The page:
Iron ore prices continue to climb, on persistently tight supply, including in Brazil, and resilient Chinese demand.
Record steel production in China and persistent supply problems have pushed prices up in recent months.
Last week, Brazil’s Vale interrupted production at its Timbopeba mine and part of its Alegria mine after prosecutors ordered the evacuation of an area around the nearby Xingu dam, in the state of Minas Gerais. The closures will reduce its output by 40,000 tonnes a day.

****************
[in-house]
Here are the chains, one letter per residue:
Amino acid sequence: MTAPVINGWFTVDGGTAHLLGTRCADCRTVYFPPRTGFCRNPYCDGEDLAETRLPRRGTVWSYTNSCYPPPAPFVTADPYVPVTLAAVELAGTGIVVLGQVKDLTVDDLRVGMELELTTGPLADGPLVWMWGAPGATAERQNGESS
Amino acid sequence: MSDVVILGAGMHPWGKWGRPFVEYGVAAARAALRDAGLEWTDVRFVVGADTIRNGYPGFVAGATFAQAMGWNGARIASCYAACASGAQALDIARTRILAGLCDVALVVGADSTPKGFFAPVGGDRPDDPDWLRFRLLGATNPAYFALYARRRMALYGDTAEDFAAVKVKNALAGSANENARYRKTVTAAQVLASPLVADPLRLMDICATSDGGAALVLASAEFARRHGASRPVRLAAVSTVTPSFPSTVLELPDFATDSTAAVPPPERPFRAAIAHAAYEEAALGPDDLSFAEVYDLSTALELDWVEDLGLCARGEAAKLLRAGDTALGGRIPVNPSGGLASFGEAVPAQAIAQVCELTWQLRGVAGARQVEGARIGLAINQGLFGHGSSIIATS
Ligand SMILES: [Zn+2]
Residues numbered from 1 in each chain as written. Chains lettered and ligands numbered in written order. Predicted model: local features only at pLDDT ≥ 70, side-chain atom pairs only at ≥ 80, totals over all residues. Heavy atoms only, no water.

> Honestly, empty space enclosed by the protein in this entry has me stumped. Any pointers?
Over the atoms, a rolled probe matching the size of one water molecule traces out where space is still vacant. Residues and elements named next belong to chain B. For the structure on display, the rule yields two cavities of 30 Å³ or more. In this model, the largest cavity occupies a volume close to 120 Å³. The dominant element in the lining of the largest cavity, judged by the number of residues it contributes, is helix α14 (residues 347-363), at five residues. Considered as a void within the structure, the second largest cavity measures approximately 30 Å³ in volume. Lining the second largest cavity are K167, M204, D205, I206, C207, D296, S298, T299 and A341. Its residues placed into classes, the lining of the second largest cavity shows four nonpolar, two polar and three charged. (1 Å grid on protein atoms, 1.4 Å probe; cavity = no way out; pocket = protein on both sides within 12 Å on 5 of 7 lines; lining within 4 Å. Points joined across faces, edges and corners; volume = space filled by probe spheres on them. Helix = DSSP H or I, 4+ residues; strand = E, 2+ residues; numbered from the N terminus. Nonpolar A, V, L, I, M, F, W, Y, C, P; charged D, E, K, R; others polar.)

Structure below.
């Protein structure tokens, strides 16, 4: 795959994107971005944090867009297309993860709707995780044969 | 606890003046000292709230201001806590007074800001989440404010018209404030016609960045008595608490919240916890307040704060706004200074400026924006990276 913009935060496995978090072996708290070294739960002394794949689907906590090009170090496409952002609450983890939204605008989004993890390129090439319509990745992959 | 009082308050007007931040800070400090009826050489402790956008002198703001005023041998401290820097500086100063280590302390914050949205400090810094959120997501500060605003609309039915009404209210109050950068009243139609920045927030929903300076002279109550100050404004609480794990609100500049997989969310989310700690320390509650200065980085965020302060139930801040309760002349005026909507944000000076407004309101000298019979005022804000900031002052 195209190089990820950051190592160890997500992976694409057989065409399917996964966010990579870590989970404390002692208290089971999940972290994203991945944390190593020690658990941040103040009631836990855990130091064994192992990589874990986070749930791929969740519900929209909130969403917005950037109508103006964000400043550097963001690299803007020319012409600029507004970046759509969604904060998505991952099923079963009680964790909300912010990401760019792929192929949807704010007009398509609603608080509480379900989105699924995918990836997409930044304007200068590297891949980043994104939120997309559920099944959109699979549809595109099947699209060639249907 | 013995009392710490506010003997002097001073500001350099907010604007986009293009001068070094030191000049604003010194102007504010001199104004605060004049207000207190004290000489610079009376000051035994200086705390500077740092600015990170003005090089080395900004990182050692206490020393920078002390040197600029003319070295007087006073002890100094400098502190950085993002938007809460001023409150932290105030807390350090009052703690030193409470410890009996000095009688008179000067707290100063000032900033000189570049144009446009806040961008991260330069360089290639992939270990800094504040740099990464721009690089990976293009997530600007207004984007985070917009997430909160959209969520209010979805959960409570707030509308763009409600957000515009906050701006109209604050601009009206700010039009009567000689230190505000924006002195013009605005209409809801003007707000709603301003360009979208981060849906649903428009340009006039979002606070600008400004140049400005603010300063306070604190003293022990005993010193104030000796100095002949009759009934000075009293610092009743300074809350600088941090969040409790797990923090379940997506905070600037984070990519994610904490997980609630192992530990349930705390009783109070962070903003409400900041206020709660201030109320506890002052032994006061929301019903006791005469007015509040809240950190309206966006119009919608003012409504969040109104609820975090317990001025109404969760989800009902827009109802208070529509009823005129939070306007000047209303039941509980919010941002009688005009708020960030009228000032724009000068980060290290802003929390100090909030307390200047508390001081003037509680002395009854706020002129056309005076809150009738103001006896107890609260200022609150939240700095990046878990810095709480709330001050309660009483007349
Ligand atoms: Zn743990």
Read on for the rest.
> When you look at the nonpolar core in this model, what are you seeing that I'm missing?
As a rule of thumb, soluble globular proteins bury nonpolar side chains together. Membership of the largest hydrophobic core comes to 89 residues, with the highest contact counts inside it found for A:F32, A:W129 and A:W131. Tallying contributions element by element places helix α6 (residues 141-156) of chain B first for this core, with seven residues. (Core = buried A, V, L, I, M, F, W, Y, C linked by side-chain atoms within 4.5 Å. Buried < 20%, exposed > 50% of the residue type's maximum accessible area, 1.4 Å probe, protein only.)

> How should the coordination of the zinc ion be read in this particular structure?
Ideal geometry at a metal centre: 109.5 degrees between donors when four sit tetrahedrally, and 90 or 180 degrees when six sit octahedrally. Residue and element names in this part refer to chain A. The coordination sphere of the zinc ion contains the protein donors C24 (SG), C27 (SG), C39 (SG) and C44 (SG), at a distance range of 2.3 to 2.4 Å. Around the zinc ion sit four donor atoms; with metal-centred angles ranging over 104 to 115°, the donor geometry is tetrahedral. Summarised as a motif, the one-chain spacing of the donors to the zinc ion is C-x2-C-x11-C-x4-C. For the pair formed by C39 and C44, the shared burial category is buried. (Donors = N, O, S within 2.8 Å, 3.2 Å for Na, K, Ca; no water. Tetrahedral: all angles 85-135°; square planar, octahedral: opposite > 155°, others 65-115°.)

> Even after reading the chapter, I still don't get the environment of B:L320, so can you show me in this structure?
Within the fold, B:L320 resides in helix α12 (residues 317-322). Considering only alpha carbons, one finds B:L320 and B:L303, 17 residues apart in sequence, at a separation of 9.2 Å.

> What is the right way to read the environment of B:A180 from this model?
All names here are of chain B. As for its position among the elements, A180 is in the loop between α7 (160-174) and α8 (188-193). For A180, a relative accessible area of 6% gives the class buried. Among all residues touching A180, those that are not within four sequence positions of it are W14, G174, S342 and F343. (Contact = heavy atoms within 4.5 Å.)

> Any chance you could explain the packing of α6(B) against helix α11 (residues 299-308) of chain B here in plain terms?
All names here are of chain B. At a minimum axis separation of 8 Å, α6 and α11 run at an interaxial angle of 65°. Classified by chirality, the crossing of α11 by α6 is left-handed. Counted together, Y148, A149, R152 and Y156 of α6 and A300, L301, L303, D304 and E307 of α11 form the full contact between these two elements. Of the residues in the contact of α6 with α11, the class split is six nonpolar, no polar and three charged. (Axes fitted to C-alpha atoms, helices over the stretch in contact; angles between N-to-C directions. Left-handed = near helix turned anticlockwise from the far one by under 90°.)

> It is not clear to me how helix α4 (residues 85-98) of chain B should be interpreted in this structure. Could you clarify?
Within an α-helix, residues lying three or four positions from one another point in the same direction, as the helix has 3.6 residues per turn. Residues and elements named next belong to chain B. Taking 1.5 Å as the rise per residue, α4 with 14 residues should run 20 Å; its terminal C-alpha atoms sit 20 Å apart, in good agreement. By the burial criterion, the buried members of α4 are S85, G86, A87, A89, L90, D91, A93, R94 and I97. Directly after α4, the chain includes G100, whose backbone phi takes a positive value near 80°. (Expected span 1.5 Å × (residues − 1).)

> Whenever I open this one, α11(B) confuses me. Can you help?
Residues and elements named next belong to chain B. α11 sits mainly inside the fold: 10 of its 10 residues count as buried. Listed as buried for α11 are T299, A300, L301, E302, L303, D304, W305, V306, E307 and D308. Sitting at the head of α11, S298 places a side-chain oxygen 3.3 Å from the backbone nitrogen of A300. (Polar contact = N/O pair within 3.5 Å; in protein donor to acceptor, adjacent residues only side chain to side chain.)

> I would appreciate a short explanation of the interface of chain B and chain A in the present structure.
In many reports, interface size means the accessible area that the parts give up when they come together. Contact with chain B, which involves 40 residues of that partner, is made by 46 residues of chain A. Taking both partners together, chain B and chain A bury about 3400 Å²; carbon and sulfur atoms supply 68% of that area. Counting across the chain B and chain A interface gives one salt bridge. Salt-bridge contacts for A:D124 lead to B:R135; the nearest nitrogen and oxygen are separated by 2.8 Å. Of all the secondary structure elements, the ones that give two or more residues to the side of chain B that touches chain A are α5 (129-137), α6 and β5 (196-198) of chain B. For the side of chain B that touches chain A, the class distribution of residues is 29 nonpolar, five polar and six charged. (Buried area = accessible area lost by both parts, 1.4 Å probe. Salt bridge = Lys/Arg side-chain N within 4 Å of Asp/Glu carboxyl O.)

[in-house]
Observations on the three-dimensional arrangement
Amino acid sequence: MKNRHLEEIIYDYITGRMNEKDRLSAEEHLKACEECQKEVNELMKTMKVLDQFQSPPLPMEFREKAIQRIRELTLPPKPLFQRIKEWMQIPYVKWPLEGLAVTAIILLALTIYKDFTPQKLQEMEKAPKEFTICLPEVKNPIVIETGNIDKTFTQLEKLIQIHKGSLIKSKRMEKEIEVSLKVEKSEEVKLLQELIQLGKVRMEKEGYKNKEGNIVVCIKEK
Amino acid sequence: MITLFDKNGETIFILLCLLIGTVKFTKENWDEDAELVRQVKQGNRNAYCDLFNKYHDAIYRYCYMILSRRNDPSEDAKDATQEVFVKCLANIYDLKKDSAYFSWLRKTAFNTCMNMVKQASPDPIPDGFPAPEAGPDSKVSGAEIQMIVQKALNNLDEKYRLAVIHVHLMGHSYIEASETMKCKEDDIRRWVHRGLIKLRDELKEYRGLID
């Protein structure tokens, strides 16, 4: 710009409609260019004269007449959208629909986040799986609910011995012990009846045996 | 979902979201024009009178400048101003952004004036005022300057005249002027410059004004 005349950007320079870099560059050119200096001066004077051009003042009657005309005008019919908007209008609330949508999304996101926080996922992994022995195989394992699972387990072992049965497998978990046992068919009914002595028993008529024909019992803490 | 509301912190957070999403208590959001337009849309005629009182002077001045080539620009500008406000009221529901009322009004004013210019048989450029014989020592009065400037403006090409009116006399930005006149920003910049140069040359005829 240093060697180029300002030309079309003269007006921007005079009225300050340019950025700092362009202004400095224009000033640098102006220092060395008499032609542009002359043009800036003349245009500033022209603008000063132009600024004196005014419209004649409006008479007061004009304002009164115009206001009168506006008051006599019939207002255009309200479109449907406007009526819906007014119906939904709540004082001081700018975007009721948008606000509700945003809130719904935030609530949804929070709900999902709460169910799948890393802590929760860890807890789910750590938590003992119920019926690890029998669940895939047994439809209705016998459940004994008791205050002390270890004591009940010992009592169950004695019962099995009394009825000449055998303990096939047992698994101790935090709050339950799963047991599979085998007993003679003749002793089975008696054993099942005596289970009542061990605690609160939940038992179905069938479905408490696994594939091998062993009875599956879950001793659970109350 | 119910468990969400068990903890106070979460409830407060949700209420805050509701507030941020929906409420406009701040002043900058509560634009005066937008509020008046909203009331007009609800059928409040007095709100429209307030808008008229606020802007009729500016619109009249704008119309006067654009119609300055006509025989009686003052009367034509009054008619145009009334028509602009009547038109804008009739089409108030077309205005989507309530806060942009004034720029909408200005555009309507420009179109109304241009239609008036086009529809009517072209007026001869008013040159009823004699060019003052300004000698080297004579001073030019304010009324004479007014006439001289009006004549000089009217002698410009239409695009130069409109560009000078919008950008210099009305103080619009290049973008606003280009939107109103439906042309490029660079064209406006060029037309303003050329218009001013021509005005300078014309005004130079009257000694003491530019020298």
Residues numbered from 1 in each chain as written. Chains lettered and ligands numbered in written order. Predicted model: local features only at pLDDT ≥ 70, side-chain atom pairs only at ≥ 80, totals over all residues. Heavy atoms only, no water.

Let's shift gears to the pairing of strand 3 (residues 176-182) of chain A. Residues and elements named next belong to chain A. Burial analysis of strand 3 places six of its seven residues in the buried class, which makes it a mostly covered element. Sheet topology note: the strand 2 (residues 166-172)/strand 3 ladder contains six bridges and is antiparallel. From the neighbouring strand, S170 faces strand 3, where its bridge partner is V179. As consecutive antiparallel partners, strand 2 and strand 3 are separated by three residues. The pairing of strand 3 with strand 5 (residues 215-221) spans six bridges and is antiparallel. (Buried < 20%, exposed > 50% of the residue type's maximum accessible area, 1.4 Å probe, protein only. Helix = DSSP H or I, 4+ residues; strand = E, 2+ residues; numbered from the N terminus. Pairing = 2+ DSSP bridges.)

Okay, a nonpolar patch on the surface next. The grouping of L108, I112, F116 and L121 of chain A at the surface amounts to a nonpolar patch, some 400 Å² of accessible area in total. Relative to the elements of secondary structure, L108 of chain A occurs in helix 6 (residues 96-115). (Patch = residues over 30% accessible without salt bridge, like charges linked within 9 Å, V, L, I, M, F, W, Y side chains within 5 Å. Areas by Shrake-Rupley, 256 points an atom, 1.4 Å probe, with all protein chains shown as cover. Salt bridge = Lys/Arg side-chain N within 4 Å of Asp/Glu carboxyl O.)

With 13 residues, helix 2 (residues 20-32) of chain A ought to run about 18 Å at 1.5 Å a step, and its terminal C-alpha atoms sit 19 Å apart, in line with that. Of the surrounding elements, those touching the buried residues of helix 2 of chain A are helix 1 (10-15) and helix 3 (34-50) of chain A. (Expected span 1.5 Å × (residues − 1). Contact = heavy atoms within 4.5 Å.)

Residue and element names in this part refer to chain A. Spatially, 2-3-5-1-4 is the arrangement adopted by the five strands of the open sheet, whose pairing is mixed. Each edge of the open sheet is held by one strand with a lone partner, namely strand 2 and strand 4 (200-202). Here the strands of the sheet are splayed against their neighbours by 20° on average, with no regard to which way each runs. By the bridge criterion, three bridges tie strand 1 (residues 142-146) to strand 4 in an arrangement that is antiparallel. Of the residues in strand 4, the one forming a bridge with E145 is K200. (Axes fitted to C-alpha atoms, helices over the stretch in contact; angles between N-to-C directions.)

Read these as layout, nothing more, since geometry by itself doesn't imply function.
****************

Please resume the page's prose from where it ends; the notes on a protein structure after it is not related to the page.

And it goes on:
According to Fastmarkets MB, Benchmark 62% Fe fines imported into Northern China (CFR Qingdao) were up 0.7%, changing hands for $220.77 a tonne.
Meanwhile, Chinese authorities ordered the closure and inspection of all non-coal underground mines in Shanxi province following the flooding of an iron ore mine in Daixian.
According to Mining.com, temporary annual supply gap is of 14.6 million tonnes from Vale’s Timbopeba & Alegria mines and of 14.97 million tonnes of concentrate from Shanxi province.
“We estimate this latest rally will be sustained for the next few weeks given that it is fundamentally driven by the temporary removal of 30 million tonnes of annual iron ore supply,” Navigate Commodities said in a note.